They Forgot the Turnoff Valve on the Pipelines

By Cunniff, John | THE JOURNAL RECORD, April 1, 2000 | Go to article overview

They Forgot the Turnoff Valve on the Pipelines


Cunniff, John, THE JOURNAL RECORD


You might sometimes wonder what is expected of the American people by those who claim to know the future, such as the government, monetary officials and economists.

Beginning in the early 1990s, Americans were admonished for not thinking more about their financial futures, especially with Social Security supposedly heading for the rocks. They listened, and they responded, directing a flood of money into stocks through their 401(k) plans, and in keeping with the laws of physics and finance the stock market rose mightily.

The future, they were assured, would be a high-tech future, and so they weighted their portfolios heavily with high-tech stocks. And what do you think happened? High-tech stocks soared to the heavens. But now, it seems, the sages are shaking their heads and wringing their hands and saying in effect, "These Americans, they are undisciplined; they carry everything to the extreme."

And so the sages now call for the people to cool it, and multiple warnings are issued daily about the extremes of stock prices and the dangers of things getting entirely out of hand. But, looking back, all that the people did was listen to the sages, conduct themselves accordingly and use the financial instruments recommended. From 1990 through 1998, the number of 401(k) plans rose from 97,614 to 273,485, and the number of active participants from 19.5 million to 36.7 million. Remember, while most 401(k)s are employer-sponsored, many employees also have access to employer-sponsored pension plans as well. And so the nation's pension assets swelled.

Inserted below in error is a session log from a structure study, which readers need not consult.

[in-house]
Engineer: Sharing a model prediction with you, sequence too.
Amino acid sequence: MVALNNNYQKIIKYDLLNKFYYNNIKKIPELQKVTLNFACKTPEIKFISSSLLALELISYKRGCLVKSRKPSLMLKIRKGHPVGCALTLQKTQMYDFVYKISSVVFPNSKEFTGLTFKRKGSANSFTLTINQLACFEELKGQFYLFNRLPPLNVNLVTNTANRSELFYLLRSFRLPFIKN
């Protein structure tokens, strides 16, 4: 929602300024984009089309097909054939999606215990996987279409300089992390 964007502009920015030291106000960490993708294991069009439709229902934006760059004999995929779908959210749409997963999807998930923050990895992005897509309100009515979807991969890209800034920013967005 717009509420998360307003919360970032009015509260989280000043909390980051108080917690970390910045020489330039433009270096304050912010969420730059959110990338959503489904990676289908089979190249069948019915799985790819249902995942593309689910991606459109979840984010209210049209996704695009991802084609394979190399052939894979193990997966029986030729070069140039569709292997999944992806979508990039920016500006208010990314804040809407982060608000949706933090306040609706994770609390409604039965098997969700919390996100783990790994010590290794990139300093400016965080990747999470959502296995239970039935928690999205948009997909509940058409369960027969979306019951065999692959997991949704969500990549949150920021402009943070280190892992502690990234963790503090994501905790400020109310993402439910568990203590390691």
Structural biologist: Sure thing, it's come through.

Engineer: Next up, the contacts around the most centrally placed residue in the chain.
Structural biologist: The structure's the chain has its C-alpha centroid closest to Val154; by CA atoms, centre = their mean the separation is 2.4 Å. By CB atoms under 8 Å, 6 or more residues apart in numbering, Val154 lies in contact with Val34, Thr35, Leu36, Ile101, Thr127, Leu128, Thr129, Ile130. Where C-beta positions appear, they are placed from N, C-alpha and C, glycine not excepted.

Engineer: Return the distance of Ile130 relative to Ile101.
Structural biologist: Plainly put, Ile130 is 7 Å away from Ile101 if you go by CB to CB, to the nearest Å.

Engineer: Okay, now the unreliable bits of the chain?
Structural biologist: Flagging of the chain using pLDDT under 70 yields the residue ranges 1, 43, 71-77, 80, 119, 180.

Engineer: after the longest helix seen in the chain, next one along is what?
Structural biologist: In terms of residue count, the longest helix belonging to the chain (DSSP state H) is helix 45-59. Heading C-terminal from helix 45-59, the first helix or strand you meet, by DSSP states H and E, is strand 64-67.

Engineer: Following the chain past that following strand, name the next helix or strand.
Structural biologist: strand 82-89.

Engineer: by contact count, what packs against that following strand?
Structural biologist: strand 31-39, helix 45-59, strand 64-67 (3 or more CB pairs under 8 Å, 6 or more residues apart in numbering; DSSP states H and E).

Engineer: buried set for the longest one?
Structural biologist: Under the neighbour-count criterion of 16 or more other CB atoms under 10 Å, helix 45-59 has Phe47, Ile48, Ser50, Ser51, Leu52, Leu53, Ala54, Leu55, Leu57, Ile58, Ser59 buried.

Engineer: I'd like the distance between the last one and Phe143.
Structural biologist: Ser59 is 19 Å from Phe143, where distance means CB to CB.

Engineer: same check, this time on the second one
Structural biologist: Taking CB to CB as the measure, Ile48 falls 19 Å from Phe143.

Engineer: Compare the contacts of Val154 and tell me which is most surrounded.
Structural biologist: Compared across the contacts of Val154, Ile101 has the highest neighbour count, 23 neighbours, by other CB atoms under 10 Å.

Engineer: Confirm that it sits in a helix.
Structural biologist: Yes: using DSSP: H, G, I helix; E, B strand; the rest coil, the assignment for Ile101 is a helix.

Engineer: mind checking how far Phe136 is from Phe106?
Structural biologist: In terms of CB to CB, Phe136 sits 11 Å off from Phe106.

By 1998, assets of 401(k)s amount to $1.41 trillion, but that was only 13 percent of the $10.9 trillion U.S. retirement market.Incredibly large totals -- almost twice the size of the national debt -- and building day after day. Understandably, the contributors to pension plans wanted to see their pension funds grow, and understandably they wanted the money to be invested where money grows fastest, which is in stocks. More than 40 percent of mutual funds assets at the end of 1998 were in mutual funds, compared with just 9 percent in 1990.

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They Forgot the Turnoff Valve on the Pipelines
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